Consumer Health Digest #08-24
Your Weekly Update of News and Reviews
June 10, 2008
Consumer Health Digest is a free weekly e-mail newsletter edited by Stephen Barrett, M.D., and cosponsored by NCAHF and Quackwatch. It summarizes scientific reports; legislative developments; enforcement actions; news reports; Web site evaluations; recommended and nonrecommended books; and other information relevant to consumer protection and consumer decision-making.
Congress urged to ban menthol as tobacco additive. Seven former federal health secretaries have signed a letter urging that menthol be banned as an ingredient in tobacco products. The pending Family Smoking and Tobacco Control Act ((S.625, H.1108) would:
- Restrict tobacco advertising and promotions, especially to children.
- Stop illegal sales of tobacco products to children.
- Ban candy-flavored cigarettes, which are the primary starter products for young, new smokers. (These flavorings are used to mask the unpleasant taste of inhaled smoke.)
- Require changes in tobacco products, such as the removal of harmful ingredients or the reduction of nicotine levels.
- Prohibit health claims about so-called "reduced risk" products that are not scientifically proven or that would discourage current tobacco users from quitting or encourage new users to start.
- Require tobacco companies to disclose the contents of tobacco products, changes to their products, and research about the health effects of their products.
- Require larger and more informative health warnings on tobacco products.
- Prohibit terms such as "light,", "mild," and "low-tar" that suggest that that certain cigarettes are safer than others.
As now written, the bills would permit continued use of menthol, which is the most widely used flavoring and is especially popular among African American teens. The letter to Congress notes that menthol was excluded to appease Philip Morris, which markets the second-most popular menthol-containing brand (Marlboro Menthol).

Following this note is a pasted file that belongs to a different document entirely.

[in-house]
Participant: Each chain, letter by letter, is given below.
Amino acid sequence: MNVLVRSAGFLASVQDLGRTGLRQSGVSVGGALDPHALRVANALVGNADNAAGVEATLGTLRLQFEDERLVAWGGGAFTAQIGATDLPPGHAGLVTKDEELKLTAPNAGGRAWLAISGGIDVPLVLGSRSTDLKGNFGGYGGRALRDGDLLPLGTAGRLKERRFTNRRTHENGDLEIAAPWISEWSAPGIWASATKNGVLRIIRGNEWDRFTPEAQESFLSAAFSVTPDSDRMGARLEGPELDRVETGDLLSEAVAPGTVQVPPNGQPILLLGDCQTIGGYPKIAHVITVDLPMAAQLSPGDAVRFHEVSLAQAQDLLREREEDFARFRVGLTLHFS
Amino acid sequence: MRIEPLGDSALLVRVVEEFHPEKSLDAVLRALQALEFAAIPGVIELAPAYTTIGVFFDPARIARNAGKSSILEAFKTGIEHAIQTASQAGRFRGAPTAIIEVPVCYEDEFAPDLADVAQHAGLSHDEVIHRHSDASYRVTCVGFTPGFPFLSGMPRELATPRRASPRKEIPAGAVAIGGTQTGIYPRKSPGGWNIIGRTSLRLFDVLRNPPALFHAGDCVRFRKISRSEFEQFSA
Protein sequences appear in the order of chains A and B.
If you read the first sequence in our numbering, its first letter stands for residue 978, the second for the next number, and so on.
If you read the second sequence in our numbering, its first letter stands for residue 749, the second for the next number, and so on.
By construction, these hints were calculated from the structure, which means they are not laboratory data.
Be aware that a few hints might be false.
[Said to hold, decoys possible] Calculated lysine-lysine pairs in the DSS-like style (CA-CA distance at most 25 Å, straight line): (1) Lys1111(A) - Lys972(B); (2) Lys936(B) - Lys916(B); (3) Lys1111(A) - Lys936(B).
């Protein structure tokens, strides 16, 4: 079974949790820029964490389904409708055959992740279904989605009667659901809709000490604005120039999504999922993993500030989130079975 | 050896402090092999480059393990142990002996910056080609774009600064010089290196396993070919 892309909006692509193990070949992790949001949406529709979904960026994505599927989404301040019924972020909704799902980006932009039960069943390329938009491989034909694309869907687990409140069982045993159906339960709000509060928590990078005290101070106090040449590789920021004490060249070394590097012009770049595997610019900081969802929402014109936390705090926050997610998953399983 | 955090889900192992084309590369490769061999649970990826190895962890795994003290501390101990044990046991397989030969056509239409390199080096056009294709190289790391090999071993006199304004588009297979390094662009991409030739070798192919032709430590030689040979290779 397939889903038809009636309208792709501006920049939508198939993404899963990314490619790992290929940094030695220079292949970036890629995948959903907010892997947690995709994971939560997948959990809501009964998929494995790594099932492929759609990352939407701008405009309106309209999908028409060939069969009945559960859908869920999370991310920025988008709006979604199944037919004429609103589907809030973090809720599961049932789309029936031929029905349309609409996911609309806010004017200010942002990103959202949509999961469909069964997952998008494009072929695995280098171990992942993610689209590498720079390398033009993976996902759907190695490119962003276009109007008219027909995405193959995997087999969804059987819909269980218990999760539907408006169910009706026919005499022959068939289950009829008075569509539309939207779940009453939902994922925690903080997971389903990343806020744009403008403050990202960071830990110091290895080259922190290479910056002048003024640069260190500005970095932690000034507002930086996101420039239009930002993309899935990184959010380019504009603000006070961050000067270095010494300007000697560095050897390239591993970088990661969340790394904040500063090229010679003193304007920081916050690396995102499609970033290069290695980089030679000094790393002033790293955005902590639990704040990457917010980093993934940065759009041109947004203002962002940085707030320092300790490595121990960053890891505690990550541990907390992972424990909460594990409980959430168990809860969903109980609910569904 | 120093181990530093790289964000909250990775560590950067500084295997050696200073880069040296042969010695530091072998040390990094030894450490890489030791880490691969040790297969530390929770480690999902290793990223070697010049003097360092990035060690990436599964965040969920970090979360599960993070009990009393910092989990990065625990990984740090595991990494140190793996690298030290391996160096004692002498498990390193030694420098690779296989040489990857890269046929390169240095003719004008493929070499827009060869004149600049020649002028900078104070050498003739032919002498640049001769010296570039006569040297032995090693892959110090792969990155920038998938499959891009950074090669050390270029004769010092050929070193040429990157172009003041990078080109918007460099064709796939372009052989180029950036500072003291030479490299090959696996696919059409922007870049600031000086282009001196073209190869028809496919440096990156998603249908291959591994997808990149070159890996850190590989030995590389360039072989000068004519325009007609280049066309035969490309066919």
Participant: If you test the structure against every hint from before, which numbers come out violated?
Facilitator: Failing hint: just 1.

St. John's wort found ineffective against ADHD. A study conducted at a naturopathic college has found that the active ingredient in St. John's wort did not improve the function or behavior of children with ADHD. The study involved 54 children ages 6 to 17, half of whom received hypericum abstract while the others received a placebo. The placebo group did better, but the difference was not statistically significant. [Weber W and others. Hypericum perforatum (St John's wort) for attention-deficit/hyperactivity disorder in children and adolescents: A randomized controlled trial. JAMA 299:2633-2641, 2008]
Metabolife founder gets 6-month prison sentence. Michael J. Ellis, founder and former president of Metabolife International, has been sentenced to six months in prison and ordered to pay a $20,000 fine. In November 2007, Ellis pled guilty to federal charges of lying to the FDA. Metabolife's ephedra-containing diet pills triggered thousands of complaints from customers who had experienced adverse effects. Yet in 1999, while the FDA was considering prohibitions, Ellis knowingly told the FDA that the company had a "claims free history." The FDA later banned ephedra as an ingredient in dietary supplements. With Metabolife 356 as its flagship product, the company became one of the largest retailers of products marketed as dietary supplements. Ellis's indictment, the FDA ban, hundreds of personal injury lawsuits, and falling sales due to adverse publicity led the company to file for Chapter 11 bankruptcy in 2005.
Canadian Government warns against cancer scams. The Canadian Competition Bureau has launched Project False Hope to warn consumers against online cancer scams. Its first offering is an analysis of claims made for a fictitious "Natural Herbal Formula." Scrolling over the text of a page designed to look an advertisement produces pop-up bubbles that comment on the tactics that scammers use to hook people.
This page was posted on June 13, 2008.